Time lapse movie, Passing Point

This piece practically painted itself, being that it was more loose than my usual tight style. I loved working on it and am happy to share with you the process of how I paint.

You may notice in these small productions that I wear some sort of mask on my face. Protecting my lungs from the airborne pastel dust is serious business. I've tried heavy ventilators and they don't fit my small featured face. I've tried 3M, and a few other disposable face masks, but it seemed like they were not protecting me enough. For my own health I searched high and low for a small, comfortable, and highly effective filter and found another pastel artist, Paula Ford using a Totobobo. Artist's are always at risk by their mediums, especially soft pastel dust! I wanted to bring this up because recently my favorite online blogger friend Loriann underwent lung surgery and so I wanted her to see that she too, can continue working in pastel! I still have to gently wipe up any remaining dust with a damp rag to keep from getting airborne. I'm not sponsored by Totbobo, but I certainly do encourage pastel artists to check them out for their own health.

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Passing Point, 24x24

Passing Point, 24x24" Pastel on sanded paper ©2011 Brenda Boylan

By now all you lookieloos who peruse this blog know that I've been working on a bunch of city scenes for an upcoming show at Caswell Gallery. It is a subject that I have barely touched upon in my entire artistic career. I have found this series of work to be a little like a hide and seek game, finding bits of interesting urban scenes that were worth putting pastel to paper. Especially this week, as I was driving about, I took note of the bright lights on the cars and also how they reflected the road markings. These are things that I would have NEVER considered looking at before this series of work. My intent in this painting was to get the lights to glow so that they made my eyes water. The final (above) is a much larger version inspired by my last blog post that has quadrupled in size. My gosh, this was a fun one to paint. What have you recently noticed about your world around you?

Artist's Reception is Friday Feb 4th, 6~9:00pm
Feb 4th~28th, 2011
201 W. Columbia River Hwy.
Troutdale, OR.

Close up and cropped!


Passage Point, 6x6 and Deadlines!

Passage Point, 6x6" Pastel on sanded paper. ©2011 Brenda Boylan

Working on the urban scenes for the upcoming "Cityscapes" show at Caswell Gallery has me really inspired to do more of this subject. After I finished this little guy, I scanned it into Photoshop and zoomed in to get an accurate crop. I found that the enlarged image, albeit messy and out of focus, has given me good reason to paint this larger (say...maybe 24x24"?) with all it's messy and wonderfully loose marks. So different than my tight artistic hand a few years ago.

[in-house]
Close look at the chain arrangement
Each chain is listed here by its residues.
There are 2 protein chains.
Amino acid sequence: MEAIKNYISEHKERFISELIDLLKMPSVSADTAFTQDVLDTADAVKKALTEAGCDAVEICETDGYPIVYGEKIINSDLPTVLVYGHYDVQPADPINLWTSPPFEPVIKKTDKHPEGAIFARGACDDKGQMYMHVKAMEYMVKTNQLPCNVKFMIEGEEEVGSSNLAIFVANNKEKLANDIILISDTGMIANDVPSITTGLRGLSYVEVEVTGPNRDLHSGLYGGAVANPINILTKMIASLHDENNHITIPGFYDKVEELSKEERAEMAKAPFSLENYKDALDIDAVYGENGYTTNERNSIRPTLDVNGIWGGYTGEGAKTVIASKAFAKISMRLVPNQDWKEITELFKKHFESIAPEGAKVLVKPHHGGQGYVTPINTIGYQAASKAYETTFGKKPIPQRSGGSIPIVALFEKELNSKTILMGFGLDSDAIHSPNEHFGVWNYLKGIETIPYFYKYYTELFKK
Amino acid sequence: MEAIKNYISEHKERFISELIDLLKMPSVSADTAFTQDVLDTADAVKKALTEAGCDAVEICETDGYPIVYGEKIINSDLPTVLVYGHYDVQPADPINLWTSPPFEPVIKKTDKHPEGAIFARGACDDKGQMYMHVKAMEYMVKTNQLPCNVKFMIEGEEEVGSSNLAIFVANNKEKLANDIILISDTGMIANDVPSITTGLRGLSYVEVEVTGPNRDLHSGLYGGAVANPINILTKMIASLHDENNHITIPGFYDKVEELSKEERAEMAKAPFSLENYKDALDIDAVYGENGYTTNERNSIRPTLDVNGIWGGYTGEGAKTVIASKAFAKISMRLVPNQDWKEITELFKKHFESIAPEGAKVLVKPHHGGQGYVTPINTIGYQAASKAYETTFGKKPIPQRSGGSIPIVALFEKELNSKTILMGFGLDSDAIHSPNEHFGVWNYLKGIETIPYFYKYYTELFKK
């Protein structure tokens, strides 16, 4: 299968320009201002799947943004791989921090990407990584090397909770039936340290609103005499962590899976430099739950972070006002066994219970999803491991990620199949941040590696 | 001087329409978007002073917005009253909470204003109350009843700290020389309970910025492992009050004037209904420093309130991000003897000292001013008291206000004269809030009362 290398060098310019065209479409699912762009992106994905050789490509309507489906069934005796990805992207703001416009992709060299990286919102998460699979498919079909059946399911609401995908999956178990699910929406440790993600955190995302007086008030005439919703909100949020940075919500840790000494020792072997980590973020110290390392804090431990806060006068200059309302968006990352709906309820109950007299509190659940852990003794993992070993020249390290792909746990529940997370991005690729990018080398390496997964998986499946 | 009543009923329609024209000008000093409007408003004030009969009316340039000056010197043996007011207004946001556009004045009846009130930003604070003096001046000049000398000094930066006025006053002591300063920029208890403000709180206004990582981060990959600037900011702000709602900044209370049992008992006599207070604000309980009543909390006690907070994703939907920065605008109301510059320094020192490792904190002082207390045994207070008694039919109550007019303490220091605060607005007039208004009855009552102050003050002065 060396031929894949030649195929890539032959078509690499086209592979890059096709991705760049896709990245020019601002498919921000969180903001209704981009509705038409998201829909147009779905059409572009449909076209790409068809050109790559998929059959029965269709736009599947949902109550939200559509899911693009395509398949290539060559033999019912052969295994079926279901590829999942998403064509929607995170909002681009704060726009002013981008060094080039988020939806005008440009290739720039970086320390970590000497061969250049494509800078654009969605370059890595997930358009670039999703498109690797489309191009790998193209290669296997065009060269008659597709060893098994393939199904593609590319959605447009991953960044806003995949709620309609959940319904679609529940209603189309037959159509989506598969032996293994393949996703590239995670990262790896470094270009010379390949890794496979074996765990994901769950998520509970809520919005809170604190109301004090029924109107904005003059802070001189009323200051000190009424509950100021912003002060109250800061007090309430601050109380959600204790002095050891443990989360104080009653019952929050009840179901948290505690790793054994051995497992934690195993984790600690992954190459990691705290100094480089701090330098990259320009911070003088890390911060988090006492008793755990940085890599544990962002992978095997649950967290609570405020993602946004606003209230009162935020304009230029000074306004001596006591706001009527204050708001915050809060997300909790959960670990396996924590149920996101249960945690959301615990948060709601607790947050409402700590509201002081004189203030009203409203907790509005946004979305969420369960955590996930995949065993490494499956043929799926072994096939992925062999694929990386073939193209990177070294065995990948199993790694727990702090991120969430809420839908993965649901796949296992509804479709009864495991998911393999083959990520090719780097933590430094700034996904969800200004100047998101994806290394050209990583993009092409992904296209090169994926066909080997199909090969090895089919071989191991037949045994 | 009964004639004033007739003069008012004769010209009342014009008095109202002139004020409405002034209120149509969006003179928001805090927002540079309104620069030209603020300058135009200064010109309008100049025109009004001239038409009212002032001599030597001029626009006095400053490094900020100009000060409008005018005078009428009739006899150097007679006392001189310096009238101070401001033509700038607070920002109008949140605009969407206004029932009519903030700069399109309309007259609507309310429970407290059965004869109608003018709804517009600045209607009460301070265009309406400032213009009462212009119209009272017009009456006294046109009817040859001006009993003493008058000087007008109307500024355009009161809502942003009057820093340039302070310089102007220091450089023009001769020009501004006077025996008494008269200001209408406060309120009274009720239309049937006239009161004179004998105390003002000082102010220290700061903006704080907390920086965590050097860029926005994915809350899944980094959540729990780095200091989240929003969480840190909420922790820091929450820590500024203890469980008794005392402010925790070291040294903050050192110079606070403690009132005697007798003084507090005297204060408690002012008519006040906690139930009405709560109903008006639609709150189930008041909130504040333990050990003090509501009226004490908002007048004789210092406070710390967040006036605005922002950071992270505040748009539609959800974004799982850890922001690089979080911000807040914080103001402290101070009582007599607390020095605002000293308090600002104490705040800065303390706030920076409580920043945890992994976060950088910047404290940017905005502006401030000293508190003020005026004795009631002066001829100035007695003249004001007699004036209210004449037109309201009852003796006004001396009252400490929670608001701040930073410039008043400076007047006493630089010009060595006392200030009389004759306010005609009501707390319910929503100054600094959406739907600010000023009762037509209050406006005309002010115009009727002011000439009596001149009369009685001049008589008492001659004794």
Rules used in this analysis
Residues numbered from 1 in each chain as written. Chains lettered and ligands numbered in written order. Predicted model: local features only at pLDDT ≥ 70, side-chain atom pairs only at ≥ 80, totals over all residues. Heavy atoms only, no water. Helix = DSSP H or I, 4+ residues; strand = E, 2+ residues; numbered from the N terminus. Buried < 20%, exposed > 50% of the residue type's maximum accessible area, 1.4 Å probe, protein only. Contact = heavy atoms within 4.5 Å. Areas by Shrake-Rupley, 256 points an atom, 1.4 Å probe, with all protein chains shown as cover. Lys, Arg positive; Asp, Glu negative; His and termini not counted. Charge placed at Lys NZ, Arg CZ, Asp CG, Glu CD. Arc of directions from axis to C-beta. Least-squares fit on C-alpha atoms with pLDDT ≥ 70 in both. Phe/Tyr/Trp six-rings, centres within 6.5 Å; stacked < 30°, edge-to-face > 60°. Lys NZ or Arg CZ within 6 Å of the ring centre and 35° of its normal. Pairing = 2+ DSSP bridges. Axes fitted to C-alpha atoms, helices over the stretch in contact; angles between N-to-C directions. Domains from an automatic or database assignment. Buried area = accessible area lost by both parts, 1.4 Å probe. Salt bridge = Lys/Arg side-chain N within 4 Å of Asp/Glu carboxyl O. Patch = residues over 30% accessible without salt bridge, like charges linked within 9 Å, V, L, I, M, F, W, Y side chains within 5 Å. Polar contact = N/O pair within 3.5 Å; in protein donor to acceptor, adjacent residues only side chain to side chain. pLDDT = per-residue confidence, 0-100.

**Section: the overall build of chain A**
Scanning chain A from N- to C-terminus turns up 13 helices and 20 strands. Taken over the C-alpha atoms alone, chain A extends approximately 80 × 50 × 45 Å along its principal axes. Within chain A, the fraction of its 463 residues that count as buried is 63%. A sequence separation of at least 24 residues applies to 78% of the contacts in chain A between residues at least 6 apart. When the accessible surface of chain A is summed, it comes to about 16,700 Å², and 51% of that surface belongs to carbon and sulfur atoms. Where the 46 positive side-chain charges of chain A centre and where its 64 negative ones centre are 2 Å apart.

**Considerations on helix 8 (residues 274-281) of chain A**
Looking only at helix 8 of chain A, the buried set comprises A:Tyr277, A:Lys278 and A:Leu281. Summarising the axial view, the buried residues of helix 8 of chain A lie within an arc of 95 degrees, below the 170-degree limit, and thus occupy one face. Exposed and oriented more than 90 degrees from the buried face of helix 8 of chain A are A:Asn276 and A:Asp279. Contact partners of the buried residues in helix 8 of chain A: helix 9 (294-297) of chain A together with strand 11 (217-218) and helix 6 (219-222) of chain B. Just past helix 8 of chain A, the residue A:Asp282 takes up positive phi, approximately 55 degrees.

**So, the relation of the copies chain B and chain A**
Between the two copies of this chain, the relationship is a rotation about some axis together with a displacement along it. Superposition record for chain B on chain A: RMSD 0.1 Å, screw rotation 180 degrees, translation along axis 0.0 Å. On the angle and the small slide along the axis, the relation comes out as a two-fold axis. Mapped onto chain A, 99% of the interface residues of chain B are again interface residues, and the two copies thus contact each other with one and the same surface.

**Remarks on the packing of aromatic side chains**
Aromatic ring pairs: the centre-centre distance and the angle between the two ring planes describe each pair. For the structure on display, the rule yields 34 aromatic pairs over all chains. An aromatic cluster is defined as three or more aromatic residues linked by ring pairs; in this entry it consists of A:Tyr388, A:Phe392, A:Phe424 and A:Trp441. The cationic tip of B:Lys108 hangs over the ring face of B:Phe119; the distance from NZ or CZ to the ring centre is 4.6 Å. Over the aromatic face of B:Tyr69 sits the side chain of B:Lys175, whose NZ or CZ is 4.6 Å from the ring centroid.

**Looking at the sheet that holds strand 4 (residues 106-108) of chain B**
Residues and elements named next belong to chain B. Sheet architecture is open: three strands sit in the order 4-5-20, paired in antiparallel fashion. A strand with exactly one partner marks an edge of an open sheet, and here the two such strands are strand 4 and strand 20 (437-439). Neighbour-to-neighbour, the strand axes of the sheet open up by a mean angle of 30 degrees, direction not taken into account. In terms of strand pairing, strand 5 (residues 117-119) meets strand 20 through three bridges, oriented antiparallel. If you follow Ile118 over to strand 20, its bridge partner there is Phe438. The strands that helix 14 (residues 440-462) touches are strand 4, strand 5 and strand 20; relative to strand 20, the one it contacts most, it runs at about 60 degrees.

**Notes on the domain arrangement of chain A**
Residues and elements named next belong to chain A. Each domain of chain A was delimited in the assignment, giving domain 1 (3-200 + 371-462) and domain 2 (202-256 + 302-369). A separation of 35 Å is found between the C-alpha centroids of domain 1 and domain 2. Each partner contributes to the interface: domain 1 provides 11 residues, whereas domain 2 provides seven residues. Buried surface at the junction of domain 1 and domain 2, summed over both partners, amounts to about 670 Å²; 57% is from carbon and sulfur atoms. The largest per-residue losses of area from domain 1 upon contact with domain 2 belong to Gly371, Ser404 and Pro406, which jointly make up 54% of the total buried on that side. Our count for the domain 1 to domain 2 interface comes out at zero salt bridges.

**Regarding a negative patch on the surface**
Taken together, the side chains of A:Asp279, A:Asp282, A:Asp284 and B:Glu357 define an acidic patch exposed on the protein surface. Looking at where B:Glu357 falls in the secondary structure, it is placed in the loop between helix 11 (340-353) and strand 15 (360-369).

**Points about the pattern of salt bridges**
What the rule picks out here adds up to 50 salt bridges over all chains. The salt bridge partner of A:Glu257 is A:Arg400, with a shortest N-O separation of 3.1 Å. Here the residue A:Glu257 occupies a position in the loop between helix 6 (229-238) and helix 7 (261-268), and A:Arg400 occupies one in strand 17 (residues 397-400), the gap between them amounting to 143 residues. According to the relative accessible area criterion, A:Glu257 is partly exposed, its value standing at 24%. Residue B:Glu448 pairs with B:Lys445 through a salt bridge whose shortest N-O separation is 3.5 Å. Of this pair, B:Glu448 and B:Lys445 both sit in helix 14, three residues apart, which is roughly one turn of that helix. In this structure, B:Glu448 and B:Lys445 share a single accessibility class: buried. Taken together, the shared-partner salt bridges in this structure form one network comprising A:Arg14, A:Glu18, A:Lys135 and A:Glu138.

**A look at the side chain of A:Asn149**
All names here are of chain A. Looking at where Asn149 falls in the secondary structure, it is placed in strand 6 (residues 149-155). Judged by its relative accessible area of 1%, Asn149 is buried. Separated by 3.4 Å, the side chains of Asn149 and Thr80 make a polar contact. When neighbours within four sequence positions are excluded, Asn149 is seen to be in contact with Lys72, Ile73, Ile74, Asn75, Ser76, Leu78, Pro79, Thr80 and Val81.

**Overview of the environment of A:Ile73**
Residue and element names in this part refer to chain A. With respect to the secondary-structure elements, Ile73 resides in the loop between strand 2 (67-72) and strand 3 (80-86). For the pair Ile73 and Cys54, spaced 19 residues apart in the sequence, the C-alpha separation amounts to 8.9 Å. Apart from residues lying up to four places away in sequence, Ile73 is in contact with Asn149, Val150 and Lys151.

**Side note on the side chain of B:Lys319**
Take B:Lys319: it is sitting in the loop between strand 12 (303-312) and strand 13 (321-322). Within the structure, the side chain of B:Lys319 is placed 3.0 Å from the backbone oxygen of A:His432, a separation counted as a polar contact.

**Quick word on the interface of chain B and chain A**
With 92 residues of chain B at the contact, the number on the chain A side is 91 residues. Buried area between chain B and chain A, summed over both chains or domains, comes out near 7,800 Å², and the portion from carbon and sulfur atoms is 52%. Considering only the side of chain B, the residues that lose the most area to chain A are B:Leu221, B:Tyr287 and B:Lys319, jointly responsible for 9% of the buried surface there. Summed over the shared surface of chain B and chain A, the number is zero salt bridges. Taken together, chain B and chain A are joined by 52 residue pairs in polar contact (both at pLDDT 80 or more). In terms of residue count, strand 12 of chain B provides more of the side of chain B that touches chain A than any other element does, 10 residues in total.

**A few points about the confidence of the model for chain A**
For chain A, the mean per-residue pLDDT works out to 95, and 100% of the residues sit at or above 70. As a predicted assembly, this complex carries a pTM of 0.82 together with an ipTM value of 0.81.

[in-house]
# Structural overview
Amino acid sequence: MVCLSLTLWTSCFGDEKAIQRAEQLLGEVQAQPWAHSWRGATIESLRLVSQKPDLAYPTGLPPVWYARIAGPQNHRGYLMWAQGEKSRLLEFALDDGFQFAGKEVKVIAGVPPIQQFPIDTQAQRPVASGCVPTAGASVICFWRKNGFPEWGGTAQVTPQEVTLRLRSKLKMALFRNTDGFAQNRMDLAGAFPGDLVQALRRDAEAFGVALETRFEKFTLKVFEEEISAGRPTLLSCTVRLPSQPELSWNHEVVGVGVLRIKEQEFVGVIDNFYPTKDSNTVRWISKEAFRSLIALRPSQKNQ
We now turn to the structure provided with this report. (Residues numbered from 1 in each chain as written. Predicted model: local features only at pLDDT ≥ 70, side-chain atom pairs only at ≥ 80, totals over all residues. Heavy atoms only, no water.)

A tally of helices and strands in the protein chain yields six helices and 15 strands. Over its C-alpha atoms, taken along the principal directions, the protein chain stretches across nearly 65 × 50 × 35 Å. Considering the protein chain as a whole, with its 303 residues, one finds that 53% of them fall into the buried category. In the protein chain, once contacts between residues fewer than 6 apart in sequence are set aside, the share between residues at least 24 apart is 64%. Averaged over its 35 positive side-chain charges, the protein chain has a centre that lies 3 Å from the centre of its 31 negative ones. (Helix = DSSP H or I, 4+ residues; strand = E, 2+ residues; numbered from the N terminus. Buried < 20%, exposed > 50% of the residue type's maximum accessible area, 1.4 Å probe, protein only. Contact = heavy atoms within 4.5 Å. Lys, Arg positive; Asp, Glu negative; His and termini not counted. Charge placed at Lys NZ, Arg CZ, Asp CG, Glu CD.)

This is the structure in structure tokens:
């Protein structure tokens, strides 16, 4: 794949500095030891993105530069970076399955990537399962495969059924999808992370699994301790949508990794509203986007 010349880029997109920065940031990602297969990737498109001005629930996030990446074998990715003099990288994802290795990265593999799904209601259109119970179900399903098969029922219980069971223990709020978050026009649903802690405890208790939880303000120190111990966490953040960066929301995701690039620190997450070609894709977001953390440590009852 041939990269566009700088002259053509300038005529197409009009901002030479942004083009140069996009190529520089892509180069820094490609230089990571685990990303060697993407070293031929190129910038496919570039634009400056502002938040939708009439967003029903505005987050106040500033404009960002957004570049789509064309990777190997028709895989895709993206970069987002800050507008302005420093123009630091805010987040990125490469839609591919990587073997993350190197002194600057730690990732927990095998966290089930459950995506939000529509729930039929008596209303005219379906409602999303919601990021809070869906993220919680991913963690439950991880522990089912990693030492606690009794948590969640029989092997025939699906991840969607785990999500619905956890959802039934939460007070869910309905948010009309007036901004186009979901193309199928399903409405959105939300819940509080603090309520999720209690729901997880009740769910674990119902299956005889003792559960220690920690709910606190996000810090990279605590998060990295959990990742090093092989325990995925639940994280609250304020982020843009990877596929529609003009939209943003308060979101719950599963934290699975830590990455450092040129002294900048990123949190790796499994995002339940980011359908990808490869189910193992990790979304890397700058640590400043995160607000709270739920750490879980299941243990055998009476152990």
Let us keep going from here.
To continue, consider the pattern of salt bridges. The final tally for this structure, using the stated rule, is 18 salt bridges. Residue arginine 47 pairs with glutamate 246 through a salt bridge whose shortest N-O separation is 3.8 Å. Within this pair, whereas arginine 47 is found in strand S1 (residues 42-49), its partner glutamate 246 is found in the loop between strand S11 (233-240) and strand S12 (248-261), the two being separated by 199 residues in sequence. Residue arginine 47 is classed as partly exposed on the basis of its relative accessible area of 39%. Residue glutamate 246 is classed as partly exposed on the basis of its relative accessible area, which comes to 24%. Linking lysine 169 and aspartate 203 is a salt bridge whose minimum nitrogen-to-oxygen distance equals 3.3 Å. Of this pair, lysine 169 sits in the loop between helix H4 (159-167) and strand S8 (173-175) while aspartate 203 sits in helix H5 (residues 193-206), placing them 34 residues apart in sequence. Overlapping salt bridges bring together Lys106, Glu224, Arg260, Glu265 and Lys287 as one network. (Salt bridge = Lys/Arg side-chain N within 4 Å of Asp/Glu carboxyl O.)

Here it is cropped.

Passage Point, 'cropped'

If I move forward on this idea, I'll have to work fast because I have a few deadlines to make. That will make it all the more freeing and fun! Do you work better under pressure? I have always thrived on it because of my past days as a graphic designer and all those stiff deadlines. What do deadlines mean to you?

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Curbsides, 12x9"

Curbsides, 12x9", Pastel on sanded paper
© 2011, Brenda Boylan

Don't you just hate it when artists title their work "Untitled" or #4? A title is everything if you are going to be serious, so why not give your work some credibility? I read a great post by fellow pastelist Marla Baggetta on titling her work...read it here. She made me think more about my naming. Sometimes a title will pop out in my head even before I put pastel to paper. Other times things just don't click. I might find them in a discussion, a walk in the neighborhood, or in a song or poetry. This one has not come to me yet, but will come soon once the egg has hatched. Until then, happy painting!

Update: I finally came up with a title this morning..."Curbsides". Seems fitting.

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